Barnabas
Guest
Barnabas

Its exactly the kind of thing I’m talking about. In the Mizzou incident the slights (if they ever happened) were so innocuous and the reaction so outrageous that people were openly mocking the story. Adams stepped in with a more sympathetic story simply to take the focus off the Missouri debacle and repeat the mantra of white racism.

John
Member

Posted a comment about the article you reference and it was deleted. I hurt their “feelings.” When did Christians become such whiners? And why does TGC allow any black individual to write whatever they want just because their “feeling” were hurt? Facts are thrown out the window. They justify anarchy in the name of racial reconciliation. The universities have been telling these kids for 2 generations that they are “special” and if their feelings are hurt they must protest immediately. The writing is, and has been on the wall. Offend any minority group and you risk your job. Next up… Read more »

Barnabas
Guest
Barnabas

When the revolution starts eating its own the best thing to do is to stand back and enjoy the show.

Jill Smith
Member
Jill Smith

Oh for the good old days when people could interrupt public meetings by going on stage and shouting vile racist epithets at the black student body president, and when people could draw swastikas on college buildings without anyone making a fuss. (Sarc off.)

Laura
Guest
Laura

It’s easy to dismiss feeelllings when they’re not yours.

RFB
Guest
RFB

It is even easier to dismiss disciplined, rational and valorous acts performed by men who ignored their feelings, knowing that what they felt was a much lower priority than the given mission. There is a place that has a quote rendered “Uncommon Valor Was A Common Virtue”. These men had feelings, like real pain from crawling forward while partially disemboweled, some with elbows blown out, crawling forward on stumps with their last breath to save their brothers. I could go on and expand from there; those pushing the current narrative still would never comprehend, willfully or otherwise, because it does… Read more »

Jill Smith
Member
Jill Smith

This is a day to remember and honor such men. I have just been watching the Remembrance Day ceremonies in Ottawa. My dad swam back out to rescue a comrade, and both of them were taken prisoner of war on the beaches of Dieppe. He spent three years in a stalag, then was taken on a forced march across Poland. I have watched (or attended) the ceremonies every year since I was a child, and now there are almost no veterans left from that terrible war. My dad was a hero to me, yet he was just one of millions.… Read more »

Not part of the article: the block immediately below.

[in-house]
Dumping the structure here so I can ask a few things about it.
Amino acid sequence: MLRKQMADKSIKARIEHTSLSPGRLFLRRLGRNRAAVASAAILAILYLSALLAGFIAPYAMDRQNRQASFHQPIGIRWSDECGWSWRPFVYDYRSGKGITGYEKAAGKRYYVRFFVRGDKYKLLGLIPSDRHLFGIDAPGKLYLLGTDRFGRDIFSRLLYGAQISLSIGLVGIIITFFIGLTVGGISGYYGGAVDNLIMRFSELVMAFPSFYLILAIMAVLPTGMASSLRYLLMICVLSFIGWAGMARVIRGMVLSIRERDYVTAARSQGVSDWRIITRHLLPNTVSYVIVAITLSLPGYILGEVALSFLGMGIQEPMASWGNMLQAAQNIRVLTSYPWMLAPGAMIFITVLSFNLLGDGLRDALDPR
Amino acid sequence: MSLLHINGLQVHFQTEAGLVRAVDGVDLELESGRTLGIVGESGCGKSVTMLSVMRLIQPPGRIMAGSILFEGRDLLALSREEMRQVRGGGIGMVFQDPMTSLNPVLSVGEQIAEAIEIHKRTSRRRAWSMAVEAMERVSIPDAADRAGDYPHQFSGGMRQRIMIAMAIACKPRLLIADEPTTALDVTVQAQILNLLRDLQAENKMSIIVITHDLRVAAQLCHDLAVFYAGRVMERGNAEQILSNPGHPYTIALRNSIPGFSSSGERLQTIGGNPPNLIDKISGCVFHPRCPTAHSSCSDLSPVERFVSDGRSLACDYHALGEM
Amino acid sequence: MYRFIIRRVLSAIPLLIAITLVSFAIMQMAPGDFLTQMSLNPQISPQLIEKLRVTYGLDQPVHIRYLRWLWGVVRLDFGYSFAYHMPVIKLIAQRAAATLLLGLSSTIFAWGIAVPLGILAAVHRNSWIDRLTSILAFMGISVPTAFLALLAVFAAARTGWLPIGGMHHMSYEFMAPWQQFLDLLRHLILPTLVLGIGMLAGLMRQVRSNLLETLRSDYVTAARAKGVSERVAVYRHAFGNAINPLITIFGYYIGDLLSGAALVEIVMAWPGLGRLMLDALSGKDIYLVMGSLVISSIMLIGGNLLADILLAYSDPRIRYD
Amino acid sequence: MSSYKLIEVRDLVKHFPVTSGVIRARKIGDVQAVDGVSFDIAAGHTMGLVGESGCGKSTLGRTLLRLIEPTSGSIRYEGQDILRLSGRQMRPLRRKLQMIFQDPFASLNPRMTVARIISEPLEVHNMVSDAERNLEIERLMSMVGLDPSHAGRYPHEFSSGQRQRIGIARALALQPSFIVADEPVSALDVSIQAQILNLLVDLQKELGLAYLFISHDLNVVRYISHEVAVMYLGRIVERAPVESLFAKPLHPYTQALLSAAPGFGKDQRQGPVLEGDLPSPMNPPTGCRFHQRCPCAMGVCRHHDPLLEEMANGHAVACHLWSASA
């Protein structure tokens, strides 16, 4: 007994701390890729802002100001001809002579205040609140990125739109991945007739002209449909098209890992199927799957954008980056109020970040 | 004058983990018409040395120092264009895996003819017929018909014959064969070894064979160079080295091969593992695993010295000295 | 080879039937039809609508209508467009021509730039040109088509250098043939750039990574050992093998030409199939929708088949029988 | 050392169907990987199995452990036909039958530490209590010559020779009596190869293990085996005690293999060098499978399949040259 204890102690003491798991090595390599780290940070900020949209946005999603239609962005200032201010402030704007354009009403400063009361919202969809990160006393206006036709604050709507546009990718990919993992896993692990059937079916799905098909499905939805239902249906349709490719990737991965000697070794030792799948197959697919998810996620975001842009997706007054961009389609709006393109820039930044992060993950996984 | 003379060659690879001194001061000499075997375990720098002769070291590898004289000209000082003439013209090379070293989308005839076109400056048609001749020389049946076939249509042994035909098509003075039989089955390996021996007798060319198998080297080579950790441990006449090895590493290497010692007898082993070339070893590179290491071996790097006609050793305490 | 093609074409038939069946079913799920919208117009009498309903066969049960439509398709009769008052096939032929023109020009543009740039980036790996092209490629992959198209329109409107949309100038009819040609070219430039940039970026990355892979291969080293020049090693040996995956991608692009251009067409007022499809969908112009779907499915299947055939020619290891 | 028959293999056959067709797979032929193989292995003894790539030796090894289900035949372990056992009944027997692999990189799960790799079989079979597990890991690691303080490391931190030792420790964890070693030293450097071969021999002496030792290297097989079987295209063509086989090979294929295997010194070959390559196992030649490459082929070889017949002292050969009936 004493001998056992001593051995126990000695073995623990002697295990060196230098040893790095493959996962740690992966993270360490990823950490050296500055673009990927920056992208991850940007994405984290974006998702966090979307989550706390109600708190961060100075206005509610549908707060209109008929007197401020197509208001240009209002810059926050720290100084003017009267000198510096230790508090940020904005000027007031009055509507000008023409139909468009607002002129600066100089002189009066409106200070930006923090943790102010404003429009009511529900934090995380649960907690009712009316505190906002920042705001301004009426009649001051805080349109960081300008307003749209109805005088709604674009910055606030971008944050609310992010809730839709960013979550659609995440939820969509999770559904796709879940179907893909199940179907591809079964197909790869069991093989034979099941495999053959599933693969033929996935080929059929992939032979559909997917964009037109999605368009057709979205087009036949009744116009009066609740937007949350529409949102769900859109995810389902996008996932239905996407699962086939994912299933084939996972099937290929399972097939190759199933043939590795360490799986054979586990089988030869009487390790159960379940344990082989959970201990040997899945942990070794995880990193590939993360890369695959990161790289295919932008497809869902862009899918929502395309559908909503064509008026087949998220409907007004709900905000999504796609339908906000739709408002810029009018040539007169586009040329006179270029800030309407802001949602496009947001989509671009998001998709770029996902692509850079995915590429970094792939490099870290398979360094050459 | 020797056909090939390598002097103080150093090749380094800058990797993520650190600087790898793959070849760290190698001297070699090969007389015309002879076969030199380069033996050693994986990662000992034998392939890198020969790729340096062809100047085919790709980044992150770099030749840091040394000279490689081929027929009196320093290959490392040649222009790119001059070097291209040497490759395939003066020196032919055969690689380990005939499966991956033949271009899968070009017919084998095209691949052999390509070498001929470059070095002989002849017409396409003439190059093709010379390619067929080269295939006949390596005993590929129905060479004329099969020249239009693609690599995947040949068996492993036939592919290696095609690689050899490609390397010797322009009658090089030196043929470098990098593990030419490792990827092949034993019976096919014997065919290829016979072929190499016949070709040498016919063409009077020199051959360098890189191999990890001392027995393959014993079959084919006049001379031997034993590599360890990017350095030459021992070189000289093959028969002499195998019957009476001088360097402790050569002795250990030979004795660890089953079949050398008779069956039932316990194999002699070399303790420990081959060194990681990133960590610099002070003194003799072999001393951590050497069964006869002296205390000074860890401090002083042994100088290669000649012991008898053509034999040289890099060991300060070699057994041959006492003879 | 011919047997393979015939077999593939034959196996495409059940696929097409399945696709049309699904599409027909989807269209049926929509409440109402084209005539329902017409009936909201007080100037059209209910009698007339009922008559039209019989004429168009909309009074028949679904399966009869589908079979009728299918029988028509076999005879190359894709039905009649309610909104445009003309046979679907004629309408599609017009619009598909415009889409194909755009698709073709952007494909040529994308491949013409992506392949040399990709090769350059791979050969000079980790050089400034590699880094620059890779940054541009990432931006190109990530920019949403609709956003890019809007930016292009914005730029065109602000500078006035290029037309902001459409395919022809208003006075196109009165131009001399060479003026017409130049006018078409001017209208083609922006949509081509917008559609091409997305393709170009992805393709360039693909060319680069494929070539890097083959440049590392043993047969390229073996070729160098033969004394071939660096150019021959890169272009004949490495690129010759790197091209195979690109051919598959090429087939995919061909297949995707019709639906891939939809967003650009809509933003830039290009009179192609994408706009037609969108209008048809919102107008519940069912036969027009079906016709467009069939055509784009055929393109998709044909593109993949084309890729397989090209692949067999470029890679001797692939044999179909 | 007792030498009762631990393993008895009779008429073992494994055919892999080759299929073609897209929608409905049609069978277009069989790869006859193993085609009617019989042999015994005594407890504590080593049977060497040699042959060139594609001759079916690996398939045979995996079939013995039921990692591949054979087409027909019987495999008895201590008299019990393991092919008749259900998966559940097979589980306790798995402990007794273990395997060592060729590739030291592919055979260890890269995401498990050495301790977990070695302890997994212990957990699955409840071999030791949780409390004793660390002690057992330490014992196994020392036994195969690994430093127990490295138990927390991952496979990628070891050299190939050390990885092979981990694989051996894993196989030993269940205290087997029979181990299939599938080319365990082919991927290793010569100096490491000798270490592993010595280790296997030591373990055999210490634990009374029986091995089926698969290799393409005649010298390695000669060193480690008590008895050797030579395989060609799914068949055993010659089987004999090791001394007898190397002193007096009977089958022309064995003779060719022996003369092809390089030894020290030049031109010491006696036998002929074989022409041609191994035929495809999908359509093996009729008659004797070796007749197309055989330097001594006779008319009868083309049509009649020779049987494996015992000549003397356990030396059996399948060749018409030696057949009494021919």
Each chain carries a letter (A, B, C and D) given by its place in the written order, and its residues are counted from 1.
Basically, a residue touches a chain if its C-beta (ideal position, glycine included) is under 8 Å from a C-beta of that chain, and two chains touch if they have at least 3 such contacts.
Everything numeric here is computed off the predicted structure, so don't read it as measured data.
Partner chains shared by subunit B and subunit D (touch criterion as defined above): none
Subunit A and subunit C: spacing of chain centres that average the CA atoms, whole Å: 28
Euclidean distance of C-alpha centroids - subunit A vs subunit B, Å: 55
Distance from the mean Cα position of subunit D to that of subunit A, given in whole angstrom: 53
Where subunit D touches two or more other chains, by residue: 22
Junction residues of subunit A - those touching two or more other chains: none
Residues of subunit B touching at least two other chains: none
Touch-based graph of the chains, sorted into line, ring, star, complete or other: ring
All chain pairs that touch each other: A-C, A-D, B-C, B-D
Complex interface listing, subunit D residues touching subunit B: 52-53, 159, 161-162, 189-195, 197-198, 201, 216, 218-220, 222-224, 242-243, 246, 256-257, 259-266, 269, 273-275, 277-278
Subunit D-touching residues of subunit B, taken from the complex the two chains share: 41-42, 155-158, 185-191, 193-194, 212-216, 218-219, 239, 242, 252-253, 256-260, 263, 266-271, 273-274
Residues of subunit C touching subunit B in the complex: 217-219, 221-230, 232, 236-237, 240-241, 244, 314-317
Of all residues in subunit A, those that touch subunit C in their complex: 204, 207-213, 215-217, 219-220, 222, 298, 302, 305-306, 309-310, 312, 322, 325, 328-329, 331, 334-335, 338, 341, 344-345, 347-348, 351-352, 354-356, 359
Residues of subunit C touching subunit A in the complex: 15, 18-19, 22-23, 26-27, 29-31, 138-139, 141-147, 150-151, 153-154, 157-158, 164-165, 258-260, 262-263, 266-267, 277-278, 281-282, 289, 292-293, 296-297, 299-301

RFB
Guest
RFB

Mrs. Bean,

I did not mean to ignore your post.

My father was USMC and USN (back-to-back) in WWII, all of my uncles were WWII veterans of both Europe (Bulge, Market Garden and Anzio) and the Pacific (Iwo). All of their friends and contemporaries were the same. I was surrounded by a “company of heroes” and they would, to a man, be appalled at the instant issues that we discuss here.

Laura
Guest
Laura

RFB, do you feel that those men’s (your?) feelings are dismissed?

RFB
Guest
RFB

Not dismissed; they did not dismiss their feelings, nor do I. They did not give them a priority that determined their conduct. Of course I have feelings. If I was tasked with something dangerous, I might feel fear. So what? I classify feelings with a very low priority, so low as to be unimportant for the conduct of a mature adult life. I hold them in abeyance until I have the leisure to examine them in the light of reason so as to either grant them legitimacy, or dismiss them as unreasonable. If you are dead before you can do… Read more »

Laura
Guest
Laura

“I classify feelings with a very low priority, so low as to be unimportant for the conduct of a mature adult life.”

That’s your prerogative.

Other people don’t share your views. Are you angry when other adults place importance on feelings?

RFB
Guest
RFB

Angry? Not hardly.

I find it curiously amusing in the context of how shortly they would survive if confronted with something difficult.

Laura
Guest
Laura

Okay. Because when I said it’s easy to dismiss other folks’ feelings when they’re not yours, you responded “It is even easier to dismiss disciplined, rational and valorous acts performed by men who ignored their feelings, knowing that what they felt was a much lower priority than the given mission.” I thought I saw some resentment there. But you are saying you don’t mind if those people’s feelings are dismissed, right? Because no one’s feelings are important?

RFB
Guest
RFB

You are not understanding, so I will try again.

How about this. Feelings are dessert. Fresh warm blueberry pie, with slow-churned, hand-dipped french vanilla ice cream on top.